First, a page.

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Two Blocked

Two Blocked

Two Blocked

(OP)
In the days when ships were wood and men were steel the condition of two blocks being pulled tightly together in a block and tackle was called being "two blocked".

When I worked in a seagoing steam plant, the condition of a packing gland being tight against a valve body assumed the old term.  People didn't understand the reference and started saying that valves were "tube locked", "Too locked", etc.

Anyone have other terms that lazy people have evolved from a clear reference to a garbled mess?

David

RE: Two Blocked

At one pharmacuetical plant, after some time discussing a new brine plant on-line density measurement system we finally got around to the question of compatible materials of construction. Would i need to specify Hastelloy construction? Was it NaCl KCl or some other brine solution?

No, it appears "brine" had become a generic for a coolant and in this case, mono-ethlene glycol solution.

RE: Two Blocked


Knew an electrical inspector who would always call them "condominimums".
  

RE: Two Blocked

A two very commonly used nonwords:

irregardless
orientated

RE: Two Blocked

busbar
We had a client who used the same term. He built them.

We had a problem in not laughing when he said it. Bad for business!!!

Buy a dictionary, keep it nearby and USE it. Webster's New World Dictionary of American English is recommended, and Webster's Collegiate Dictionary.

RE: Two Blocked

No, orientated is in Chambers 20th Century, at least.

Cheers

Greg Locock

RE: Two Blocked

o·ri·en·tate (ôr'e-en-tat', -?n-, or'-)

v., -tat·ed, -tat·ing, -tates.

v.tr.
To orient: “He . . . stood for a moment, orientating himself exactly in the light of his knowledge” (John le Carré).

v.intr.
To face or turn to the east.

ir·re·gard·less (ir'i-gärd'lis)
adv. Nonstandard.
Regardless.

[Probably blend of IRRESPECTIVE and REGARDLESS.]

USAGE NOTE   Irregardless is a word that many mistakenly believe to be correct usage in formal style, when in fact it is used chiefly in nonstandard speech or casual writing. Coined in the United States in the early 20th century, it has met with a blizzard of condemnation for being an improper yoking of irrespective and regardless and for the logical absurdity of combining the negative ir– prefix and –less suffix in a single term. Although one might reasonably argue that it is no different from words with redundant affixes like debone and unravel, it has been considered a blunder for decades and will probably continue to be so.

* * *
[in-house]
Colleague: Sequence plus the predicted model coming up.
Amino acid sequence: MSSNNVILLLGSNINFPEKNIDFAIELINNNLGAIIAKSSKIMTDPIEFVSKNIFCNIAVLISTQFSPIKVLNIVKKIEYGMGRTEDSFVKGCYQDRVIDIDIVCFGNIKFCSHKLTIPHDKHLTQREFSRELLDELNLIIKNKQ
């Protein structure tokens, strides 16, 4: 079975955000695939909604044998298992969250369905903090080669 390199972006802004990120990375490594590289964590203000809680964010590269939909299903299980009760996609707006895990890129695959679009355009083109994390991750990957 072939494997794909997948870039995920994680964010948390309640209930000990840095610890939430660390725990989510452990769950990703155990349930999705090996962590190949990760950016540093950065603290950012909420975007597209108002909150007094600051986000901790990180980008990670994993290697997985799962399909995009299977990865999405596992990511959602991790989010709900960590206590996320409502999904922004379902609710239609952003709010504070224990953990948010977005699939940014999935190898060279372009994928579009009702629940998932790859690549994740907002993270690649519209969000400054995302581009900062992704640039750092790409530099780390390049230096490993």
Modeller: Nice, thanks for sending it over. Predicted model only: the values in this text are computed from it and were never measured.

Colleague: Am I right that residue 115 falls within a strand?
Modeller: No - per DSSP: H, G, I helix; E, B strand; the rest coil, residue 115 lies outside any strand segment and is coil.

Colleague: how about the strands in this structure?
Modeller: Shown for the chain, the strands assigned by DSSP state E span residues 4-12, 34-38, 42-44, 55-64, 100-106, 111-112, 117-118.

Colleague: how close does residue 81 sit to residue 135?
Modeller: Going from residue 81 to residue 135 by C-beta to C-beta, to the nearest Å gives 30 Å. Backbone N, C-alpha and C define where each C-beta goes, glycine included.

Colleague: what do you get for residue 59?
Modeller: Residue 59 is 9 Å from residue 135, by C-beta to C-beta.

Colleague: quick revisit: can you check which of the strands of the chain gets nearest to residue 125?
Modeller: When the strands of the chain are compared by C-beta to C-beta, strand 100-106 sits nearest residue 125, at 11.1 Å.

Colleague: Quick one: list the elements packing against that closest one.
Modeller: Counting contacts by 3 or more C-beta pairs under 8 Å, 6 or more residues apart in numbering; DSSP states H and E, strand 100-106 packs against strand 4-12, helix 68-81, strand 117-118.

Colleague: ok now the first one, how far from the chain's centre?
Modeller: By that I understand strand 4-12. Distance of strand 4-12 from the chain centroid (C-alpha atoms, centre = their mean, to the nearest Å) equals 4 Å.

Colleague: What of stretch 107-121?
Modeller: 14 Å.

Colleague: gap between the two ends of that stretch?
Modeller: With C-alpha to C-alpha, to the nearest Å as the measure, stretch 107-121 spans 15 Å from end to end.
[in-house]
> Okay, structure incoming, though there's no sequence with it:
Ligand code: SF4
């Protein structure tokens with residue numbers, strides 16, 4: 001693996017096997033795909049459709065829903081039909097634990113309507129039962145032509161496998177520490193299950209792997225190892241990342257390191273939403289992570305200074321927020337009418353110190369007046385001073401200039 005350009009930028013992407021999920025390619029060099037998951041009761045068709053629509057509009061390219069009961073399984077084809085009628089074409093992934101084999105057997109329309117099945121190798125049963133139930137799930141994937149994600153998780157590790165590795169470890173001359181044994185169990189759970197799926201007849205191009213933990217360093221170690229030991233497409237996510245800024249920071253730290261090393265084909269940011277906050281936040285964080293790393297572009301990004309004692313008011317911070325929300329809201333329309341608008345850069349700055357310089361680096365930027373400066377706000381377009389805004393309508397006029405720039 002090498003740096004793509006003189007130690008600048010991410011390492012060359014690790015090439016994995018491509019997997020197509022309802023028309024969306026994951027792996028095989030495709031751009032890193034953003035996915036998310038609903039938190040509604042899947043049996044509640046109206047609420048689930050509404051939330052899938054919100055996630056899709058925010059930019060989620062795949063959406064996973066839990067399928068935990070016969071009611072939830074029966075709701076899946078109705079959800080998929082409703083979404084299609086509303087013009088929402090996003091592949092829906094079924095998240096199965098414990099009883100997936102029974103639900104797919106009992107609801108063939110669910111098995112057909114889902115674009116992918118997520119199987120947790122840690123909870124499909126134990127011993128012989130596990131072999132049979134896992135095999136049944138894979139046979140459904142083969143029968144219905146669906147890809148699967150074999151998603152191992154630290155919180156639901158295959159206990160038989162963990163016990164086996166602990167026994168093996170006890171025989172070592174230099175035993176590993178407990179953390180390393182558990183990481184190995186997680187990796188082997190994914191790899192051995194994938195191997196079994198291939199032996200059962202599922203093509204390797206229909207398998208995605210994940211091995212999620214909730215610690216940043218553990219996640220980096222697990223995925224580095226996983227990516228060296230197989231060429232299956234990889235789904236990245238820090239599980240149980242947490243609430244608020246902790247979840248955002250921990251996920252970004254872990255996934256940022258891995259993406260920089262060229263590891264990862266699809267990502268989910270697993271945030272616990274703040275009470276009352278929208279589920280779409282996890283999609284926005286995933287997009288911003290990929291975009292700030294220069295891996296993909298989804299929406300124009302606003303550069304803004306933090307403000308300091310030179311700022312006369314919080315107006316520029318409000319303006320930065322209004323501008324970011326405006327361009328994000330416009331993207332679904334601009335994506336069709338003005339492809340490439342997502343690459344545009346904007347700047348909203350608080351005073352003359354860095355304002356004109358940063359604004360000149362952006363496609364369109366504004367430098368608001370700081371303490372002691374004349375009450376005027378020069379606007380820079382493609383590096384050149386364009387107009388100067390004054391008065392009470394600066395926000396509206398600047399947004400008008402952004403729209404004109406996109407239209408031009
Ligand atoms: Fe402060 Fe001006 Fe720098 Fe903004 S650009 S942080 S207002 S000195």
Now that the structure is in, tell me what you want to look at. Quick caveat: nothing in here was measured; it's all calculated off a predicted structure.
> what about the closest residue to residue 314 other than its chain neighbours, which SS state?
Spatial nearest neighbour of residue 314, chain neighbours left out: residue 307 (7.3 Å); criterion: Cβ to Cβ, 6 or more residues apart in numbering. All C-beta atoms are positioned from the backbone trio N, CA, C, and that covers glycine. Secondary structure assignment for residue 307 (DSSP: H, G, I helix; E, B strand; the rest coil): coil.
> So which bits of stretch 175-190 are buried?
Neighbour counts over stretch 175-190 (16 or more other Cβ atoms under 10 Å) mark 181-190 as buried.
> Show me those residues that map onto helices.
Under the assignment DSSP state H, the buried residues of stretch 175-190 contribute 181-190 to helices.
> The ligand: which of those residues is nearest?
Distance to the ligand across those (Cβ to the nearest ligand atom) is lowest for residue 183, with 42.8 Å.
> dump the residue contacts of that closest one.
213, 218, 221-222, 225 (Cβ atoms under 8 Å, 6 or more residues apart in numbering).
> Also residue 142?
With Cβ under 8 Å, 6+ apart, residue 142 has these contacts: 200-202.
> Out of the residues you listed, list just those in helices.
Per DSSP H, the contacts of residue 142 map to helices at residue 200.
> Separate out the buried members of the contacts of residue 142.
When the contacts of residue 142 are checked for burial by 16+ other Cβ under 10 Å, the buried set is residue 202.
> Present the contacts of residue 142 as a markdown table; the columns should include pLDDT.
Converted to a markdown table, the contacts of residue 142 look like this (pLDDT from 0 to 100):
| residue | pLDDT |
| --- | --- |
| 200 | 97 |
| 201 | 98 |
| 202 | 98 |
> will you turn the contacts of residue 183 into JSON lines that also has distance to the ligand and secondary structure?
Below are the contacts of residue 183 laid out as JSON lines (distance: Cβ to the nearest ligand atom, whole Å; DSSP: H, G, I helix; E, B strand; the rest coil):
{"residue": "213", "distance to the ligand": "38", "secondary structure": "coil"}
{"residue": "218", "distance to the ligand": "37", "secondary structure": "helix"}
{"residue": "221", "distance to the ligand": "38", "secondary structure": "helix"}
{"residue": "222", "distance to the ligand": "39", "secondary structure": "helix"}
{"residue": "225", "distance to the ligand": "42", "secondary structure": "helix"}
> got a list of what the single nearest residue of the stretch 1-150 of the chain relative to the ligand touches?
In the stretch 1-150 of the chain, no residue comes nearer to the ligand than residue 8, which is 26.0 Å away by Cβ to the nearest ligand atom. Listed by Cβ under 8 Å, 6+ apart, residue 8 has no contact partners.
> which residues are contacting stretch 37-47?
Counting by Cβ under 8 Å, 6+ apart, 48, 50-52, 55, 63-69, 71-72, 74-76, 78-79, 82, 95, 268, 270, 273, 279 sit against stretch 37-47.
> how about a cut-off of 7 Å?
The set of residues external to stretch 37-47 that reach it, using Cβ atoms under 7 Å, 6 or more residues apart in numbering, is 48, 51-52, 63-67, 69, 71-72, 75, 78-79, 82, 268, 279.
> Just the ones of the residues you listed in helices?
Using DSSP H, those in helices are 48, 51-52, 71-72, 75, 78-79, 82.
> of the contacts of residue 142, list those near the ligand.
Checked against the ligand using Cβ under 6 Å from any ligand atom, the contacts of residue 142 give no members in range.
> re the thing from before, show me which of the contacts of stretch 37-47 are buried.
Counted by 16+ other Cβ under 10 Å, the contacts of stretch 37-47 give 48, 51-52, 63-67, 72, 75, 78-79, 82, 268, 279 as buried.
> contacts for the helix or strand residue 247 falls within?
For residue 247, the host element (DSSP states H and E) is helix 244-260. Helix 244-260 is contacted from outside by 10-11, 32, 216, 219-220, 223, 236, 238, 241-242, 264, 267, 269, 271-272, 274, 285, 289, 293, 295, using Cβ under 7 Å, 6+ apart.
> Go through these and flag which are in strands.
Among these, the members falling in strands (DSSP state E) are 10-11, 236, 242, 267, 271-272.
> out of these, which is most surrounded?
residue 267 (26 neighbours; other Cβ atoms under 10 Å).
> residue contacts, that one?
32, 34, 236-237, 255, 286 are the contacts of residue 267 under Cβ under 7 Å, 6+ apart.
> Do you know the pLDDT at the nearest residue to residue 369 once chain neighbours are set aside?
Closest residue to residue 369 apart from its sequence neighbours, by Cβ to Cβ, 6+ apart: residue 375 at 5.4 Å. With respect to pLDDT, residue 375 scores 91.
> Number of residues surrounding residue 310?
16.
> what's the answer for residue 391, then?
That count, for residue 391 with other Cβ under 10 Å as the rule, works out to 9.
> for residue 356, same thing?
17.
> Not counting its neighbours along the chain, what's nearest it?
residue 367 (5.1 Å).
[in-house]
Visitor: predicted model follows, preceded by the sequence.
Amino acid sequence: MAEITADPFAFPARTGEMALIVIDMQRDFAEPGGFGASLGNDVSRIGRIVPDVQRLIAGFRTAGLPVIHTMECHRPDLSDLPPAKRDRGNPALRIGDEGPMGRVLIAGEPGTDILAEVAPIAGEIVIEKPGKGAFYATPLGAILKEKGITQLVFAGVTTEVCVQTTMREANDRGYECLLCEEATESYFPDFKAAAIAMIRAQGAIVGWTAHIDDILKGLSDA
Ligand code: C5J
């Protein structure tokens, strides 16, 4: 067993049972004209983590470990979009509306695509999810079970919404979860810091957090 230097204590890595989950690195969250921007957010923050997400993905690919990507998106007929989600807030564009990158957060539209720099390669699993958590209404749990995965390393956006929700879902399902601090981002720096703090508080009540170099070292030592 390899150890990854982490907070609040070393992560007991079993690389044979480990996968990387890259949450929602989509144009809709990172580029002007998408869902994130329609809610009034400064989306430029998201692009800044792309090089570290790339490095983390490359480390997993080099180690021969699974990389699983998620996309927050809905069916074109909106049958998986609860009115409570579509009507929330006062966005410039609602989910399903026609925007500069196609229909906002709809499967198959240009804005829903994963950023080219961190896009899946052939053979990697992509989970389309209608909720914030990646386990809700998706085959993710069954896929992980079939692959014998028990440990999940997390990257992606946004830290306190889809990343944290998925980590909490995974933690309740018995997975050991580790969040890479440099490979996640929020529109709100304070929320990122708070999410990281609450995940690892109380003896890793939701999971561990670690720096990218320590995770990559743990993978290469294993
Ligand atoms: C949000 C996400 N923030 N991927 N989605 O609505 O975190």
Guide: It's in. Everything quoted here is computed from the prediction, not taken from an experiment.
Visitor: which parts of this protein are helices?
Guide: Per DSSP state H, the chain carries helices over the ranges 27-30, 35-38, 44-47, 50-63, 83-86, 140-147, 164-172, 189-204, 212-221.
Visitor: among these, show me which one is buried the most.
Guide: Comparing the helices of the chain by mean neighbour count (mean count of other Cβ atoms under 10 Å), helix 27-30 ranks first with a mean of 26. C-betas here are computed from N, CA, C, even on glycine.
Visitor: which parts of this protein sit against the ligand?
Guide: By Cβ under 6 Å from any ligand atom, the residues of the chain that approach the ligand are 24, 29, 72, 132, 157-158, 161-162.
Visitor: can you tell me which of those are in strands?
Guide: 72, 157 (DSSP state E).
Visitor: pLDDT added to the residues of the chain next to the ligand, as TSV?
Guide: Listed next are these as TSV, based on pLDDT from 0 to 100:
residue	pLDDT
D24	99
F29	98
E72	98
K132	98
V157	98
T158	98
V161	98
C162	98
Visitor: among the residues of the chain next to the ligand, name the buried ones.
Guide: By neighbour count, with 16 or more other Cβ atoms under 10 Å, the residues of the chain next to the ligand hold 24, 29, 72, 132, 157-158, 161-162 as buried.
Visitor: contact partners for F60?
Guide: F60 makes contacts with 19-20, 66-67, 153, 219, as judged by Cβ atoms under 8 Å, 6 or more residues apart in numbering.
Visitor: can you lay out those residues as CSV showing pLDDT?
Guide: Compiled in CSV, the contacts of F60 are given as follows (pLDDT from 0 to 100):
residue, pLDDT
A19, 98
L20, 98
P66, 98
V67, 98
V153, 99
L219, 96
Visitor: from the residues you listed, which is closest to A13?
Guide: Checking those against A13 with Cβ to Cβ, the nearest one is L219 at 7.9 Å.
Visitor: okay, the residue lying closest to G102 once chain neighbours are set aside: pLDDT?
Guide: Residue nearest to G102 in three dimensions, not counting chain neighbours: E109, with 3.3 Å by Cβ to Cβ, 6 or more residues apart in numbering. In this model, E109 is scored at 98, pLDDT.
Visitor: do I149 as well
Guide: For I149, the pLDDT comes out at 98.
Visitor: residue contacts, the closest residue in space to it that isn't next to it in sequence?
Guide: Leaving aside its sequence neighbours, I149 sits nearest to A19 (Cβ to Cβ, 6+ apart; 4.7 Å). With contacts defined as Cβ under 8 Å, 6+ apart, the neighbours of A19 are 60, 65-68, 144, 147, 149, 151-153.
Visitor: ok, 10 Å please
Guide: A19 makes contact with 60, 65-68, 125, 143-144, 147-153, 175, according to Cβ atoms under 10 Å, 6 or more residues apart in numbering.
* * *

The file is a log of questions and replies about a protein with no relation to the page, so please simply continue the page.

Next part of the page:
RE: Two Blocked

I saw one in an ad in Science Magazine:

Quantitation

TTFN

RE: Two Blocked

GuruNet works great:

quan·ti·tate (kwon'ti-tat')
tr.v., -tat·ed, -tat·ing, -tates.
To determine or measure the quantity of.

[Back-formation from QUANTITATIVE (ANALYSIS).]

quan'ti·ta'tion n.  

RE: Two Blocked

Hang on. Are we trying to sound like Colonel Bufton-Tufton, writing to the London Times to protest about the appalling state of literacy, the need for National Conscription, haircuts these days etc etc?

I've never seen "Quantitation" before, and it is a bit ugly, but my first guess as to its meaning was spot on. One of the objectives of written language is the communication of ideas and concepts, surely this word facilitates that aim?

 

Cheers

Greg Locock

RE: Two Blocked

A friend of mine would refer to the strip of land that separates highway lanes as the Meridian. He would also say divergence instead of difference. And of course he being from Brookln would say ax instead of ask. He had so many of them that we actually considered writing a book we envisioned being titled "Ax Bob".

Brian

RE: Two Blocked

I grew up referring to the strip of land between highway lanes as the mall.

From Dictionary.com:

median strip
n. Eastern, Midwestern, & Southern U.S.
The dividing area, either paved or landscaped, between opposing lanes of traffic on some highways. Also called median, also called regionally boulevard, mall, medial strip, meridian, neutral ground.

RE: Two Blocked

With respect to orientate, I stand corrected.

I guess that's progress, a longer word that means the same as an existing word.  Go Scrabble.

RE: Two Blocked

As far as my vocabulary is concerned, orientate is still a non-word, invented by people looking for a more pompous word that orient.  

I sad to say that I think it might also have been invented by engineers looking for a more officious word to use in reports.

TTFN

RE: Two Blocked

I will at accept that it is now considered a word, but unless I'm talking about that word, I'll never use it.

Your reasons may very well be correct IRstuff.
<sarcasm>
So let's just reinvent the wheel (with a bigger one that does the same thing), and reduce efficiency in communication at the same time.  Now that's good enginnering????
</sarcasm>